|Seeking Political Guidance at Church
By Rich Barlow
September 6, 2008
John McCain's nomination this week officially launched the last lap in our lengthy presidential race, with the Arizona senator and Senator Barack Obama of Illinois having less than two months to make their respective cases to the voters.
Undecided Americans can find guidance from an ancient, hierarchical institution with millennia of experience pondering the common good - the Roman Catholic Church.
Or so say Portland, Maine, Catholic activist Chris Korzen and coauthor Alexia Kelley in their new book, "A Nation For All"(Jossey-Bass).
Denouncing modern cut-throat politics by both political parties, the book suggests a national agenda that includes combating poverty and pollution. It dismisses ideas behind such Republican slogans as "compassionate conservatism" as failures. But it faults the Democratic Congress for passing agribusiness subsidies that flood the world with surplus food, driving down prices for already impoverished farmers in the developing world.
The authors offer suggestions for voters concerned with labor and poverty - traditionally Democratic issues - who lean Republican on social matters such as abortion. While sharing the church's opposition to abortion, Korzen and Kelly argue that making it a single issue can be counterproductive: Brazil bans abortion, they say, yet has twice our abortion rate because it doesn't address the poverty that drives many women to end pregnancies. Indeed, before becoming pope, they write, Benedict XVI said a Catholic could support a pro-abortion rights candidate as long as the candidate's abortion stance was not the reason behind that support and as long as the voter had other compelling moral reasons for her vote, the book says.
Excerpts from a recent interview with Korzen, 32, follow.
Q. Why would non-Catholics want a "Catholic vision of the common good," to quote your subtitle?
A. We feel the Catholic social tradition is our church's gift to the world, ways that we can build a society in which everyone can flourish. Some of the principles are endemic to other faiths, indeed to the US Constitution when we talk about "We the people. . ."
Q. Some pundits think the church's sex abuse scandal dealt a body blow to its moral authority.
A. We're talking about 2,000 years of church tradition and more than a hundred years of Catholic social tradition. If folks feel that the sex abuse scandal undermined that tradition, there's not much we can do to change their minds. We believe that there's a lot of common sense built into the Catholic vision of the common good. We're all created equal in the eyes of God, and our duty as citizens is to treat one another with love and kindness, reflected in our public policy.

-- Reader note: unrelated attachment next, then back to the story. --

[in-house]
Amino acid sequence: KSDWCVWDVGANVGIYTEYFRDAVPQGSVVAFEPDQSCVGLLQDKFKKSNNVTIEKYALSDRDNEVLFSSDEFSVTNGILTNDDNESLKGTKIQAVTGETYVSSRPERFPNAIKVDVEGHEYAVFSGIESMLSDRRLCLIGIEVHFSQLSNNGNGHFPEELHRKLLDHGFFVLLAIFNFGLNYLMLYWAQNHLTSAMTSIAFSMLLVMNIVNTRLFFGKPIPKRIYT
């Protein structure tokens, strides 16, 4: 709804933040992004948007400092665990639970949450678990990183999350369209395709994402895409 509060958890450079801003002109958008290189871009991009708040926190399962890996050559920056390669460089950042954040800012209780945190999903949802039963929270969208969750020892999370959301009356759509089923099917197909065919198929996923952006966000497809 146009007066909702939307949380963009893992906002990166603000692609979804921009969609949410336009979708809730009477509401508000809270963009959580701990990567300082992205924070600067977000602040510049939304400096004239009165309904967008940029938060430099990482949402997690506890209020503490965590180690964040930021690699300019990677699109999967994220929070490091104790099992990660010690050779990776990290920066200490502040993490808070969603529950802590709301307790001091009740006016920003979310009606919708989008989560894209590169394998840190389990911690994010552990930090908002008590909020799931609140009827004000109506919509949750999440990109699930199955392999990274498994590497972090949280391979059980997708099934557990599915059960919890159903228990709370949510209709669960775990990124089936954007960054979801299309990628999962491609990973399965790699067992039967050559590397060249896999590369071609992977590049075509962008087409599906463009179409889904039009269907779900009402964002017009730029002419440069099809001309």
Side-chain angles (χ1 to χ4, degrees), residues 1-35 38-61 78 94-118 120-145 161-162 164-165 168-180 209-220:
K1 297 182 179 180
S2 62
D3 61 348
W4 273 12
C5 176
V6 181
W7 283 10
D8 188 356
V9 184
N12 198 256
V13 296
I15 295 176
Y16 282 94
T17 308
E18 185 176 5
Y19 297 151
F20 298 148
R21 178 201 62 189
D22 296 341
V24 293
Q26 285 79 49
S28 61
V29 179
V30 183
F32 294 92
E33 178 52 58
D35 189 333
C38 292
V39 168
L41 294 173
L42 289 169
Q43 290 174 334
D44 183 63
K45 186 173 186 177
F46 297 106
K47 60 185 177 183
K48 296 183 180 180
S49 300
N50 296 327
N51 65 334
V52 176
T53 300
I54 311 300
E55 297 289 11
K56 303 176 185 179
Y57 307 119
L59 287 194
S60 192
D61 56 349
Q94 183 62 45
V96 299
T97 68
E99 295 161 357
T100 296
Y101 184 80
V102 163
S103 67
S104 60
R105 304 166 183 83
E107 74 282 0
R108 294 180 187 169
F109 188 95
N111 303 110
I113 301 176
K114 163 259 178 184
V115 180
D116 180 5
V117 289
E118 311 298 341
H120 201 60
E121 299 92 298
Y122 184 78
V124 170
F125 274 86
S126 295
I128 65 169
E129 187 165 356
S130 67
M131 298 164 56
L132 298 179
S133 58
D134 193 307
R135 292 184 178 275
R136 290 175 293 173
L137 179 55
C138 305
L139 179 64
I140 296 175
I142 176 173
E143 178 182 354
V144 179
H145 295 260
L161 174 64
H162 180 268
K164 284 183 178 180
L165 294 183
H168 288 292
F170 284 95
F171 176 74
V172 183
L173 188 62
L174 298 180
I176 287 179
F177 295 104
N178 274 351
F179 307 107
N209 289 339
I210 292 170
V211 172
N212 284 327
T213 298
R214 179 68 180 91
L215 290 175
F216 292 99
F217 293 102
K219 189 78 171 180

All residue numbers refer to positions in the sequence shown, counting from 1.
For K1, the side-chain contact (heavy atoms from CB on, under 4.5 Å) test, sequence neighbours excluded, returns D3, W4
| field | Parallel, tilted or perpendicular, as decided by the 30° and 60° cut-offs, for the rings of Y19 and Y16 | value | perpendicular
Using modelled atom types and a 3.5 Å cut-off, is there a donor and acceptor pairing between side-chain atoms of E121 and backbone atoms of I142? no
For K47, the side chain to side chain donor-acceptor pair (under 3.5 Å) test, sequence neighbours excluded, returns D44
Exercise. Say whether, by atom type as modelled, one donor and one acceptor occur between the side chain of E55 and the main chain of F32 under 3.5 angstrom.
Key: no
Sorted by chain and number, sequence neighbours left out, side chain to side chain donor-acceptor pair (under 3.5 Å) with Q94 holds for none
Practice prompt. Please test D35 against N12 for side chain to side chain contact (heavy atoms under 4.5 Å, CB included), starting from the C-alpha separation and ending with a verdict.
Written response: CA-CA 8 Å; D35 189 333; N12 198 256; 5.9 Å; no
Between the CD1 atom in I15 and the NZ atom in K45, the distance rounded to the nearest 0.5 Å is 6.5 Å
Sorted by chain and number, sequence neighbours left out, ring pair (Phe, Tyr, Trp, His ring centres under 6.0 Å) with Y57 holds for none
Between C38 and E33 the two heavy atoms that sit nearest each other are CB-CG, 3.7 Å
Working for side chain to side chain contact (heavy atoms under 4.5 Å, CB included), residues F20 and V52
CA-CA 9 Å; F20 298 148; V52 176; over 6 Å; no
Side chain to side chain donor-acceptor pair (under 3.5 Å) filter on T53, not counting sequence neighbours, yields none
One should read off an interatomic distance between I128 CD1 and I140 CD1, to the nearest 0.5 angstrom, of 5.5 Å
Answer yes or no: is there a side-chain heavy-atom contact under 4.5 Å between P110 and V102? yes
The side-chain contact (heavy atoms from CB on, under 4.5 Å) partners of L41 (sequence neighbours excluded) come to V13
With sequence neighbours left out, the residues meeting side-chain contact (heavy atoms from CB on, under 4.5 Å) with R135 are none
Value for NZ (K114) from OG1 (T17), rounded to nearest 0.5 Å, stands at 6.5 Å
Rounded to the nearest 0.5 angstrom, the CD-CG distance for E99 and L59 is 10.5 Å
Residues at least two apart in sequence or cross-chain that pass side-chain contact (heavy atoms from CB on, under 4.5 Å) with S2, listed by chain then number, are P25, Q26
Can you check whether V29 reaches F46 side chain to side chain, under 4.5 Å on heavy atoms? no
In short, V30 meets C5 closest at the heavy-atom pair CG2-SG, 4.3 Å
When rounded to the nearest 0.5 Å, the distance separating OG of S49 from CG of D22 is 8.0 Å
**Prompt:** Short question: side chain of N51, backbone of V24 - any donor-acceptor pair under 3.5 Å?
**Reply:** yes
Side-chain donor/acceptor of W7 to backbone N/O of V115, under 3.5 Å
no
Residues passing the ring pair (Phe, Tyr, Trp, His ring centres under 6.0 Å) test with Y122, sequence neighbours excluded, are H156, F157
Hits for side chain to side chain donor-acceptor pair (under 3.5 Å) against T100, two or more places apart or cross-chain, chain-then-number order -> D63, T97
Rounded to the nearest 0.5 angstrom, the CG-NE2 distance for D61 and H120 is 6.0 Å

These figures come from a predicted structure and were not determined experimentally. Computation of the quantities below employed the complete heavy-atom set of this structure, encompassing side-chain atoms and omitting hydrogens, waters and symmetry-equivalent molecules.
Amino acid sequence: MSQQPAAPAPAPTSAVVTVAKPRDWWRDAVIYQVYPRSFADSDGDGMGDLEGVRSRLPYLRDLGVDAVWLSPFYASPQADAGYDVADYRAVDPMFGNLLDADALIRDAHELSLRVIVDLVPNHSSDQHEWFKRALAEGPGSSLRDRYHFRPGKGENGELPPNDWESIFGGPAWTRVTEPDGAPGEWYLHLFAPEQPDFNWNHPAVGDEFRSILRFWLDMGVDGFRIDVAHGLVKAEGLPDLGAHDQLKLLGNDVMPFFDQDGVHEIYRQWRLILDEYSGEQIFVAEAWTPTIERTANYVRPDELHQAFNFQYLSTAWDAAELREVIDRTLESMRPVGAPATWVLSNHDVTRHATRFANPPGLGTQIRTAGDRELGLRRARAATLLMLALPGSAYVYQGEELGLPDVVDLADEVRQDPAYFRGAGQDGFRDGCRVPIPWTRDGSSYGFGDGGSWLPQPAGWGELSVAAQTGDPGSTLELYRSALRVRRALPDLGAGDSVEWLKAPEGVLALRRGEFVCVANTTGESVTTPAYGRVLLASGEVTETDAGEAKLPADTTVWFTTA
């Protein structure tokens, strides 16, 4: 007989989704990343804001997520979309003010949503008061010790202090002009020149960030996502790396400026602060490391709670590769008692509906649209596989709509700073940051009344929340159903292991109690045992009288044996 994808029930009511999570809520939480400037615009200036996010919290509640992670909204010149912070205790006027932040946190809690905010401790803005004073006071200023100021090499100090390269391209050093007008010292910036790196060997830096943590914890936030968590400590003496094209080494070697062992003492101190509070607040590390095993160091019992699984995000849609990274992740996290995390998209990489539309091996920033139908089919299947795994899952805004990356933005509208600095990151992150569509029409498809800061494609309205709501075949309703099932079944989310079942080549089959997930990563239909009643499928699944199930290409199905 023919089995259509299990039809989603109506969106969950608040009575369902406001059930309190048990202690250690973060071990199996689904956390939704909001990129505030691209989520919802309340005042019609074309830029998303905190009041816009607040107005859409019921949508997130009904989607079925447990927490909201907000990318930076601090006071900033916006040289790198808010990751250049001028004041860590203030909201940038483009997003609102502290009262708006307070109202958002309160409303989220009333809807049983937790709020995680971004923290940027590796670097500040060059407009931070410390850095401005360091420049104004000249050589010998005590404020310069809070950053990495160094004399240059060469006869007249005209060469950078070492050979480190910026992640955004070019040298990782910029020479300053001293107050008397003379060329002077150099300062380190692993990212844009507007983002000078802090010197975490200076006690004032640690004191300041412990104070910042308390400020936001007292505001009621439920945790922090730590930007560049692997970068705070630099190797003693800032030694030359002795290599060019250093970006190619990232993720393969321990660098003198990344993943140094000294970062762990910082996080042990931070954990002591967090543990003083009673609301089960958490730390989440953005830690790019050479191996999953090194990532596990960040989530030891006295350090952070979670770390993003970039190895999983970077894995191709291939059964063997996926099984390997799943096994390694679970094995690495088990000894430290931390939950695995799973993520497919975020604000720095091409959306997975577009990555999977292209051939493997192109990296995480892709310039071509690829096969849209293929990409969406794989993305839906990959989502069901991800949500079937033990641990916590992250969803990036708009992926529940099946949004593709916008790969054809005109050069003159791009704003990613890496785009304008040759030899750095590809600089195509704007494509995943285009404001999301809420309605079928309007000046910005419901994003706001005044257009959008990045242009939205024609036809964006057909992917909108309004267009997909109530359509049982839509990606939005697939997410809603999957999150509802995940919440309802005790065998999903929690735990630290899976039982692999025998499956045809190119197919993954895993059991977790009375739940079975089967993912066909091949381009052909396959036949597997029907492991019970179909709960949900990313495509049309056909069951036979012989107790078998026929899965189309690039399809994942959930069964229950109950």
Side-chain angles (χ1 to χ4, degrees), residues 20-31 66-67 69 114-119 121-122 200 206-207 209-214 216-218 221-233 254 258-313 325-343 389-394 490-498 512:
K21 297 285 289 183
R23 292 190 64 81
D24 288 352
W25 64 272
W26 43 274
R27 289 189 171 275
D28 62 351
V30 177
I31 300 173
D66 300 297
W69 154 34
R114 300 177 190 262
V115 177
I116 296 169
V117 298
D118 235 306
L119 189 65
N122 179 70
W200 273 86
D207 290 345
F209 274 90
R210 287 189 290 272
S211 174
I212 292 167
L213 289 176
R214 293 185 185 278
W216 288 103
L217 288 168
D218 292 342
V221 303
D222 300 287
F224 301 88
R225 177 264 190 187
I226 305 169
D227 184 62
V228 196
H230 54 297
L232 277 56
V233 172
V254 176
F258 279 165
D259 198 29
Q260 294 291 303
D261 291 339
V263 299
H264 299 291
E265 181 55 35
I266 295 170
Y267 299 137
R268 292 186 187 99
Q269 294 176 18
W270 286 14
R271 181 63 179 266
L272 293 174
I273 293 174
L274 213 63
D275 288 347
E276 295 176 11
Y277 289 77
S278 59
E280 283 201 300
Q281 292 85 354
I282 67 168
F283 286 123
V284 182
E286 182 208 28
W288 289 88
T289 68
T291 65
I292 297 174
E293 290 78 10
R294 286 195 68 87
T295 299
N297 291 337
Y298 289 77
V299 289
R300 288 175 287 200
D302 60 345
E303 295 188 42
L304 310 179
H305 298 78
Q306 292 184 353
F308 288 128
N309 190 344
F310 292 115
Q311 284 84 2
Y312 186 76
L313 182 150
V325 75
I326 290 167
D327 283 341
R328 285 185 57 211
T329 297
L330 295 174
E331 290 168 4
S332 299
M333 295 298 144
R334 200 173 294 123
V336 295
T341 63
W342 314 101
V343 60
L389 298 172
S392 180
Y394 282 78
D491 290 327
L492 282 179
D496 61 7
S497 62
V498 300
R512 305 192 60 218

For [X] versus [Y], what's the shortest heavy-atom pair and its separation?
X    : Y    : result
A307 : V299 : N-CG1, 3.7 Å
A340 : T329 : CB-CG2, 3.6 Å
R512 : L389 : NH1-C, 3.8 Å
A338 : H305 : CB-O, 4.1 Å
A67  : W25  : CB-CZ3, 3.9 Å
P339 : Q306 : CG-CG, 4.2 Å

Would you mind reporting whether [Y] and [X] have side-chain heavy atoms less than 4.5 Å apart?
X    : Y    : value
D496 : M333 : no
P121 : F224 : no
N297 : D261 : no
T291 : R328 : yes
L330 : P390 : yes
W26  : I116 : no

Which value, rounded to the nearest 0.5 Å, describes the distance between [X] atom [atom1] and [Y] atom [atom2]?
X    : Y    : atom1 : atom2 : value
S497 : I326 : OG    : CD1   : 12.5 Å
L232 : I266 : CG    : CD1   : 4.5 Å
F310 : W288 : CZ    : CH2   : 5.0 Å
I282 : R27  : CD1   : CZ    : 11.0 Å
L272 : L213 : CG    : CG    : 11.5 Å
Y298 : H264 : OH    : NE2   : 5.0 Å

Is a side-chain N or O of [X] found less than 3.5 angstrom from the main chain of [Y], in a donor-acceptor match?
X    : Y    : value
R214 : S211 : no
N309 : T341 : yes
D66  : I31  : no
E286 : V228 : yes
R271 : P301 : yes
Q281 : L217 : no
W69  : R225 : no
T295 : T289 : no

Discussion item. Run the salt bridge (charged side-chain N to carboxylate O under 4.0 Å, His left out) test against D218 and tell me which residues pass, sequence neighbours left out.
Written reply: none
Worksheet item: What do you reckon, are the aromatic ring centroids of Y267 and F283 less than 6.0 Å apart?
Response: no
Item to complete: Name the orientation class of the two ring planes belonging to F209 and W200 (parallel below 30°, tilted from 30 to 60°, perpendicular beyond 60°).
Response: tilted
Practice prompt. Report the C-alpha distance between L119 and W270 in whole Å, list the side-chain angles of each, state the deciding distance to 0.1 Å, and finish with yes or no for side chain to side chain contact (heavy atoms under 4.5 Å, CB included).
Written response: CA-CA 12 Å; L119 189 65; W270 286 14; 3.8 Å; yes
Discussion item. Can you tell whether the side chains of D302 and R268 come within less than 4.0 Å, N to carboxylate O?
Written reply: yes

Q. Catholic economic justice teachings argue for liberals' priorities, while teachings on matters like abortion and gay marriage favor conservatives. How should a voter decide?
A. We try to help people break out of these categories like liberal, conservative. We've seen that degrade into a shouting match. Catholic teaching doesn't fit into these boxes. Faithful Catholics need to understand church teaching and make prudential judgments about how to apply that teaching.
Q. Your proposed agenda omits gay marriage, which the church opposes. What's your personal view?
A. We're against scapegoating people of different sexual orientations. Personally, I think a Catholic can support a candidate who favors something like a civil union, because it has nothing to do with the sacrament of marriage. There are some Catholics who might disagree. It's a question that needs more respectful dialogue within our church community.
Q. Besides [combating] poverty and war, your agenda lists abortion among the "affronts to human life and dignity." How many pro-abortion rights voters will that cost you?
A. The Catholic tradition is very clear about abortion. If folks don't agree, this is a free society. They don't have to read the book. We need to focus on ways that actually reduce the number of abortions [such as reducing poverty].
Q. Your concern is the common good, but you also say individual responsibility is important. Give me examples from Catholic teaching about how government should expect responsibility from its citizens.
A. There are two points in the tradition, subsidiarity and solidarity. Subsidiarity holds that problems should be addressed on the lowest possible social level. For instance, schools and fire departments [are] something local communities have a better handle on. Solidarity says we are responsible for one another, and there are certain challenges we need to take on [at] that high level.
There are no hard and fast answers to these questions about where's the boundary. There's a movement, even within the Catholic community on the far right, to diminish the role of government almost to zero. We don't find a lot of support for that within the Catholic social tradition.
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